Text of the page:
Perched high on Mount Doi Suthep is Wat Phra That Doi Suthep, a magnificent Buddhist temple draped in gold, also known as Doi Suthep Temple, the holiest temple in northern Thailand and one of the most sacred temples in Chiang Mai Province. Wat means temple in Thai.
Wat Phra That Doi Suthep is a popular destination, attracting tourists and pilgrims every day. Its popularity is well deserved, and the temple complex is so vast that you won’t mind sharing the experience. In fact, the panoramic view from the top of the mountain over the city and the land below is so breathtaking that you may not even notice the crowds.
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On Top of Wat Phra That Doi Suthep
To reach the top of Wat Doi Suthep Temple, you must climb the 306 elegant steps of the Naga Staircase. There is also a funicular cable car to take you to the top, and the fare is 20 baht. Nagas are dragon-like deities in Hindu and Buddhist mythology, and these sacred serpents run the length of the staircase, guarding the gates to the entrance. Although they may seem daunting at first, the foliage-covered steps and their guardians are truly one of the highlights of the visit.
When you reach the top, you will be rewarded with golden pagodas, shrines, bells, statues, holy Buddha relics and a golden chedi, one of the temple’s holiest structures. A legendary white elephant statue sits near the top of the Naga stairs. This is no ordinary elephant – it commemorates the sacred white elephant that carried the relics of the Buddha himself to the top of Doi Suthep mountain, trumpeted three times and then lay down to rest.
There are numerous areas on the temple grounds to pay respect to the shrines, kneel in prayer, and receive blessings with offerings and incense. Elder monks offer blessings to those who wish to receive them in one of the two prayer rooms that are open to the public.
The centerpiece of the experience for many visitors is the view from the summit. The view of Chiang Mai over the edge of the mountain shows the countryside spread out into the horizon, Chiang Mai city in perfect miniature, glittering at sunset like stars on earth.
Many local Thais pay homage to the Buddha image during Visakha Buchaa Buddhist Holiday.
At The Entrance of the Temple
Across the street from the temple, there are a number of delicious food stalls where you can grab a bite to eat before visiting the monastery. Options like Pad Thai, Tom Yung Kung, and even sweets like ice cream and cookies are available to keep you going.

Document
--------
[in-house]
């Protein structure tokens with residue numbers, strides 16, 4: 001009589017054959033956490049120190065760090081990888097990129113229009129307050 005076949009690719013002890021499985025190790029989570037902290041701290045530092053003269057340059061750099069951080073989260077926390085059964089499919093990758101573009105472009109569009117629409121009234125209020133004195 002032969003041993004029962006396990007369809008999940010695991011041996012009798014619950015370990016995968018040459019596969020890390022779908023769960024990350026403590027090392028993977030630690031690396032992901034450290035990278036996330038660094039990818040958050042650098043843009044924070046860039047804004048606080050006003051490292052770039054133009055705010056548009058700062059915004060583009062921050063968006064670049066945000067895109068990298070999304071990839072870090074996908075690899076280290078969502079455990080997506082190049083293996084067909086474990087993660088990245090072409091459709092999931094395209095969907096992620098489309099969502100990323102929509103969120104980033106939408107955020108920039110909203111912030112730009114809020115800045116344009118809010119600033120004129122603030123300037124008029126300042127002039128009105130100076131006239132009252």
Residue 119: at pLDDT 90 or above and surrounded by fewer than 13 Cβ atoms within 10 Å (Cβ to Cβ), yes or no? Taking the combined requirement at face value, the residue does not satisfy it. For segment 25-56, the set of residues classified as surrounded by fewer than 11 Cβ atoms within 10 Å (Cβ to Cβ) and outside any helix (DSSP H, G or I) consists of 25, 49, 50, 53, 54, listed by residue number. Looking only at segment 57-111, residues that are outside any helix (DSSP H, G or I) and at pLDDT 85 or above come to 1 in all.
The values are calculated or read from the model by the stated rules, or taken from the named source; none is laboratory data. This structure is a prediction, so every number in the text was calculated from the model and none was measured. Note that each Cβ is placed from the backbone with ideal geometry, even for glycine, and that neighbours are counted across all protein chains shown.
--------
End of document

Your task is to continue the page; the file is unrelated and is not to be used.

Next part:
An abundance of souvenirs is aligned among the stalls offering gifts that can last a lifetime. Handmade jackets, shirts, pants, wooden frogs, and mini statues are just a few of the many popular items you can find.
Look out for the immense golden Buddha statue that stands next to the entrance of the temple. It can be reached via a separate path and makes an ideal photo opportunity to preserve the memory of your trip to Doi Suthep Mountain.
The Story of the White Elephant
It is very difficult to know exactly when Phra That Doi Suthep was built, but legend says it was founded in 1383.
According to one of the legends, King Kuena of Chiang Mai chose a lucky White Elephant to transport an important relic of the Lord Buddha to its proper place. During a religious ceremony in which they placed the relic on the elephant’s back and made a vow, the king let the animal run free.
The elephant climbed to the west side of Suthep Mountain and stopped at the top of the mountain where there is a pagoda containing Buddha’s relic. As soon as the elephant finished its work of finding the right place for the sacred relic, it died. The pagoda and the holy relic still stand today.
This monument was erected to remind future generations of the White Elephant and the story of what happened.
Doi Suthep Temple at Night
How to Get There
From the old city of Chiang Mai, it is possible to make the trip to the temple by scooter from Huay Kaew Road, but the mountain road is windy and steep, so only choose this option if you are an experienced rider. Some cyclists even brave the ride on a bike and push their way uphill around the curves. A tour in a truck or songthaew (a red taxi truck with an open back) is the best option for travelers without their own transportation.
On the way up, you can stop at a waterfall to cool off.
You can also take the Monk Trail to reach the temple, it takes about 1.5 hours to get there and back by red taxi, a very nice day trip. Halfway to your destination, you will also find the other temple Wat Pha Lat. It’s worth it.
Arrive early to avoid the crowds, or come later in the day to watch the sunset over the mountains. Clear your schedule and be prepared to spend a few hours here. You might even catch the monks chanting, praying, or performing their daily rituals. Simply put, at any time of day, Doi Suthep will take your breath away.
Open every day from 6 am to 8 pm.
Discover this famous Doi Suthep Temple and its history with one of our local guides.
Near By the Bhubing Palace
Bhubing Palace is the royal winter residence in Chiang Mai. The royal family stays there when they visit Chiang Mai, and it is only about 6 km from Wat Doi Suthep. To enter the palace, there is an entrance fee of 50 baht. You must be dressed appropriately, cover your shoulders and wear pants before entering the site.
There are several buildings here. The teak pavilion, the fern garden, the log cabin where the royal princess lives seasonally, and a two-story royal guest house are the main seasonal buildings. The gardens contain many flowers, including roses, and are well landscaped, manicured, clean and peaceful. Each building has its own sign indicating its purpose. It takes about an hour and a half to explore them.
Temples in the Area
Learn more about Chiang Mai Temples